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Bead Embroidery

Bead Embroidery Activity

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Embroidery ain't your Grandma's art anymore -- jazz up a traditional fabric embellishment with sparkly beads! Embroidery can be adapted to a number of cool designs and looks great on any garment.

What You Need:

  • Light-colored fabric
  • Thread
  • Sewing needle
  • Beads, various colors, shapes
  • Graphite pencil

What You Do:

  1. Help your child choose a fabric to embroider. Light-colored fabrics work best -- the lighter the color, the better the beads will show up.
  2. Your child should decide what shape she wants to make out of beads. For example, she may want to create a ladybug, flower, her own initials, tree, peace sign, heart, butterfly, or other shape.
  3. Allow her to draw the shape she wishes to create using a graphite pencil on the fabric. (Pencil marks can be erased later by gently washing the fabric with light detergent and water.)
  4. Assemble the beads for your child to choose. She can use beads in various colors and sizes for different parts of the design, or use all the same color bead or same shape bead.
  5. Prepare a sharp sewing needle with sewing thread as you would for regular sewing. Use the largest sewing needle possible make sure it fits through the smallest bead holes that you have. Tie a knot at the end of the thread, perhaps with a small bead to hold the knot in place behind the fabric if needed.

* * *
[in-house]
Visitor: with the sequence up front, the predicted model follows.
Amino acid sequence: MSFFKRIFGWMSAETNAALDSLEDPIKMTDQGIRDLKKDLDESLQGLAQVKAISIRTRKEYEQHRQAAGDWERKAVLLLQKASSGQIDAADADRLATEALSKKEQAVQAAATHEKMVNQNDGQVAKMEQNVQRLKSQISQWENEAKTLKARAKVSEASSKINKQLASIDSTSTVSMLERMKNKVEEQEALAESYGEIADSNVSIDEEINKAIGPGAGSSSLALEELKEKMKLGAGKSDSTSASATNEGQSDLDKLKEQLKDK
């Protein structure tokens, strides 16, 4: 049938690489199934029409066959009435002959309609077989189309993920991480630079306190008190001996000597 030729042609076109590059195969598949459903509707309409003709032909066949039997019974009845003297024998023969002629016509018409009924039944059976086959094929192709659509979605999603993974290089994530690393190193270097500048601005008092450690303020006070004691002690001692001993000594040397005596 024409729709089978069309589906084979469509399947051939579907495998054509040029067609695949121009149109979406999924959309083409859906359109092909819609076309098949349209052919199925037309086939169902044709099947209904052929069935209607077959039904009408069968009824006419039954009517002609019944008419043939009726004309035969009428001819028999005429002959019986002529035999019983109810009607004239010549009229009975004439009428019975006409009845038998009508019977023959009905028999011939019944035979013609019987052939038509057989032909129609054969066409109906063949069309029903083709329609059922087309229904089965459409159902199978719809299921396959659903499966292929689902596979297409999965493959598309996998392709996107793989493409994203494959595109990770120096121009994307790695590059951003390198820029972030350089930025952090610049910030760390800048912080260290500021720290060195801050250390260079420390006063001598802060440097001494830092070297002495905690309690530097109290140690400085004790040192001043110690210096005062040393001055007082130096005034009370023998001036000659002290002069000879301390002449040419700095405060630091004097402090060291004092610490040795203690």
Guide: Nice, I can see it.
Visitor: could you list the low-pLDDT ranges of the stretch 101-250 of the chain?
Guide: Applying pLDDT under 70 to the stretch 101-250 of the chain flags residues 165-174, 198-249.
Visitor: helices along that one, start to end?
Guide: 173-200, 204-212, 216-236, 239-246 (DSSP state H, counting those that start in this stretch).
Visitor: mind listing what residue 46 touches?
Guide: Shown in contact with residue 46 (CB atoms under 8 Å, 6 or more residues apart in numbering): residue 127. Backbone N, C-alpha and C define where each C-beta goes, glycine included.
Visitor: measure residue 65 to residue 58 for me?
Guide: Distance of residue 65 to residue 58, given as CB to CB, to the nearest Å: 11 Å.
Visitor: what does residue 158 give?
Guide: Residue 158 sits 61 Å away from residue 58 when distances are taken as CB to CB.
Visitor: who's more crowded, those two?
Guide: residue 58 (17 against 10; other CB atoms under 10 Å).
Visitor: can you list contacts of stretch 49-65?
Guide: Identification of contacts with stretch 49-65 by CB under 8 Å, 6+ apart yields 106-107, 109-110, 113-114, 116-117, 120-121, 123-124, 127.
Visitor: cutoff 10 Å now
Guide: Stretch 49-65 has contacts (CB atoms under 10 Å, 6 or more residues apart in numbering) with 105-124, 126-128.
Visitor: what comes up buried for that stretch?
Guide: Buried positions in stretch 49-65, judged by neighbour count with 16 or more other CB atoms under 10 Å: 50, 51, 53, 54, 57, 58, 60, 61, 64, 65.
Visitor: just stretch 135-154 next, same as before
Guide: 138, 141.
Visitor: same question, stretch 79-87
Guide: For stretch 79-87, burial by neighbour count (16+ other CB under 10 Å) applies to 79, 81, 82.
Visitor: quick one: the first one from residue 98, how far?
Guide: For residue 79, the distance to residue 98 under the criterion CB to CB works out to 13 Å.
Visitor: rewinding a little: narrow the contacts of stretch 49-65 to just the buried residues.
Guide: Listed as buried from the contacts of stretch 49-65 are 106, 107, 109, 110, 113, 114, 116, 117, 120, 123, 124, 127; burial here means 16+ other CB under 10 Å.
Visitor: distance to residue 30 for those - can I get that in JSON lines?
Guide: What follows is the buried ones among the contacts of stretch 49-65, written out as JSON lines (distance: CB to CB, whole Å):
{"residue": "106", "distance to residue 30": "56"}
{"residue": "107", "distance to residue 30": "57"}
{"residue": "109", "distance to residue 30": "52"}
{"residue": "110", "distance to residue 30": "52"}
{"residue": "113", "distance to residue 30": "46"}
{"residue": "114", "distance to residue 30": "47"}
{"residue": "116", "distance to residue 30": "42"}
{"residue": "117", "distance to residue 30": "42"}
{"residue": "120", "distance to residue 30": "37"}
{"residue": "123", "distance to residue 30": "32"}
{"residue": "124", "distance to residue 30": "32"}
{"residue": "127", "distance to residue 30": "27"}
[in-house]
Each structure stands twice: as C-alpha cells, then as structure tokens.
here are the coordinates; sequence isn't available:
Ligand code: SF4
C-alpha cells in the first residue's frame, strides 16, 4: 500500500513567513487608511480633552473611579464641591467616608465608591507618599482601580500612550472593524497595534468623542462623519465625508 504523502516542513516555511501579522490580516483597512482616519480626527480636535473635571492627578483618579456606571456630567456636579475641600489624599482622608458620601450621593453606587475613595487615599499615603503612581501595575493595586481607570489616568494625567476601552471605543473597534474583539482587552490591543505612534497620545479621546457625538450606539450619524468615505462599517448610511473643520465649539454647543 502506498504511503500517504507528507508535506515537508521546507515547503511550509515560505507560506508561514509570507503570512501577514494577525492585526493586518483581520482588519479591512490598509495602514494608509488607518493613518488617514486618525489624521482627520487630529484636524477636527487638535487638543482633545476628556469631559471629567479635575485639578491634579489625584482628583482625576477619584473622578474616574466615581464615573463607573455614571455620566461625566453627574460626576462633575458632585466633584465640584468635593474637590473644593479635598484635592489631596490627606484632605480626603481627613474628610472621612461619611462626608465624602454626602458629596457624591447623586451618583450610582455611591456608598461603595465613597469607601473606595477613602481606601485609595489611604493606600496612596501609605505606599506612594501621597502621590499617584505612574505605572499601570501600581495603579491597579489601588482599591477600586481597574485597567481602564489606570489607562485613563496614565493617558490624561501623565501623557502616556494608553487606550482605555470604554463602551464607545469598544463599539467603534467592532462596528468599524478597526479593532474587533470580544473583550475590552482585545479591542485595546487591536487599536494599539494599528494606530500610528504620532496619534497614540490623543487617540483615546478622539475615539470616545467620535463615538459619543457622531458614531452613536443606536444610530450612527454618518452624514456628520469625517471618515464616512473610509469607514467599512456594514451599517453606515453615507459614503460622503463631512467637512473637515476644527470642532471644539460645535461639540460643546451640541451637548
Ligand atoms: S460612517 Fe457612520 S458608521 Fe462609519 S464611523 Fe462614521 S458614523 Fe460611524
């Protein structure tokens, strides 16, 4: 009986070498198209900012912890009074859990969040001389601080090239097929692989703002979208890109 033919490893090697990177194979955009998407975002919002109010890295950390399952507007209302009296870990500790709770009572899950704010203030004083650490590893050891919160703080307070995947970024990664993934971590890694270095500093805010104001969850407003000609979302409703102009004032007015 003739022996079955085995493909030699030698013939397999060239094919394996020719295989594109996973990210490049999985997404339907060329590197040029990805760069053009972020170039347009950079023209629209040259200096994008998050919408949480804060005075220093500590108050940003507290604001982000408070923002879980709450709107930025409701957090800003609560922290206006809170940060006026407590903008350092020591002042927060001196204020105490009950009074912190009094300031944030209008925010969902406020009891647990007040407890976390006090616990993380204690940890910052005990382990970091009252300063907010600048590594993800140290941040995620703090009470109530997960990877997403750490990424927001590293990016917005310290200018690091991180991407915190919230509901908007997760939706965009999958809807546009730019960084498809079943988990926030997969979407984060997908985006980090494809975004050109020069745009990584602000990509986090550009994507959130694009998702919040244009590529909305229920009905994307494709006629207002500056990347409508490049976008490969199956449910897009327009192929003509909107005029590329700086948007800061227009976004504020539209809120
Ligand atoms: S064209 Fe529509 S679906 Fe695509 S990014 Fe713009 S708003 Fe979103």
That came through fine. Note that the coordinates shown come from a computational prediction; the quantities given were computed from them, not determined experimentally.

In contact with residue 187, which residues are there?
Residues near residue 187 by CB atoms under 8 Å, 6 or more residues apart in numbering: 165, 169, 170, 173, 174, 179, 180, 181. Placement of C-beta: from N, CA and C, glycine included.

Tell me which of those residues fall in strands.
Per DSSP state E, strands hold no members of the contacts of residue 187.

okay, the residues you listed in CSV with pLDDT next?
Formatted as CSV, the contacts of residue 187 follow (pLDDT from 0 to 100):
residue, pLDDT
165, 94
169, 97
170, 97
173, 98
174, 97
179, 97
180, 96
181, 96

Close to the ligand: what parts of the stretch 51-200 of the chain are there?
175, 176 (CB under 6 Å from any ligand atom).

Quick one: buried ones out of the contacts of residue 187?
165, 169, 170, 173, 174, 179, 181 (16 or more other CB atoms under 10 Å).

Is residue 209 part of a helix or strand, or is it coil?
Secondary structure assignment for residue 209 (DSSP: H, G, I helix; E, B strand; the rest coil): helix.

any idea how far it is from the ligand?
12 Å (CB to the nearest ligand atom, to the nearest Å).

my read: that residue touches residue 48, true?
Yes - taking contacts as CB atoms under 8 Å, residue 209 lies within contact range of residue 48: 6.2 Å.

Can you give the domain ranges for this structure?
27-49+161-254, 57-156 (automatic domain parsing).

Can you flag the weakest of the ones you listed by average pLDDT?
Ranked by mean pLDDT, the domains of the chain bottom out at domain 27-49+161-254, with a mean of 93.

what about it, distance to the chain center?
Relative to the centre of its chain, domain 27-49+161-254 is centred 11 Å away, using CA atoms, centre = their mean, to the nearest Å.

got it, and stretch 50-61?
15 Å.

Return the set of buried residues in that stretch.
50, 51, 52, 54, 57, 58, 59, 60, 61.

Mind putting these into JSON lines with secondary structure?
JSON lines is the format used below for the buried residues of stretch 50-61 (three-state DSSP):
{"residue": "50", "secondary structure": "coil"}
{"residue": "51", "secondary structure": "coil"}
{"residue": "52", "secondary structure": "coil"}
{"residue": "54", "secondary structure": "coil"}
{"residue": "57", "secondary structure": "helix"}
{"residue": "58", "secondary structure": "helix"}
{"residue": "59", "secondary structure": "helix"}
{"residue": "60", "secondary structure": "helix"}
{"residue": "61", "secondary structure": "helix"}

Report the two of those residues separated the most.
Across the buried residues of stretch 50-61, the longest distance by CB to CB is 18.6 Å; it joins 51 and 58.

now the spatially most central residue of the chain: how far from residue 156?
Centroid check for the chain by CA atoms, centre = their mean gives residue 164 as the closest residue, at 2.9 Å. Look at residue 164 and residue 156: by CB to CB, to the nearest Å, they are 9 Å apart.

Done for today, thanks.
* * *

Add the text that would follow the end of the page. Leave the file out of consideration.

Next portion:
6. Show your child how to sew from the back of the fabric to the front -- poke the needle through the back of the fabric. When it comes out the other side, add a bead to the needle and pull the thread through. Poke the needle back through the front of the fabric and pull it from the back (she may need to hold the bead in place as she performs this step). The bead ends up laying flat on the surface of the fabric, starting to fill the penciled design!
  7. Have her continue this process (it can be time consuming -- embroidery is a great exercise in both art and patience!) until her design is filled with beads. The final knot, with a bead to hold the knot in place if needed, goes behind the fabric.
  8. Now she can enjoy her handmade creation, beaded with love!
Beth Levin has an M.A. in Curriculum and Education from Columbia University Teachers College. She has written educational activities for Macmillan/McGraw-Hill and Renaissance Learning publishers. She has a substitute teaching credential for grades K-12 in Oregon, where she lives with her husband and two daughters.

Updated on Jul 7, 2014
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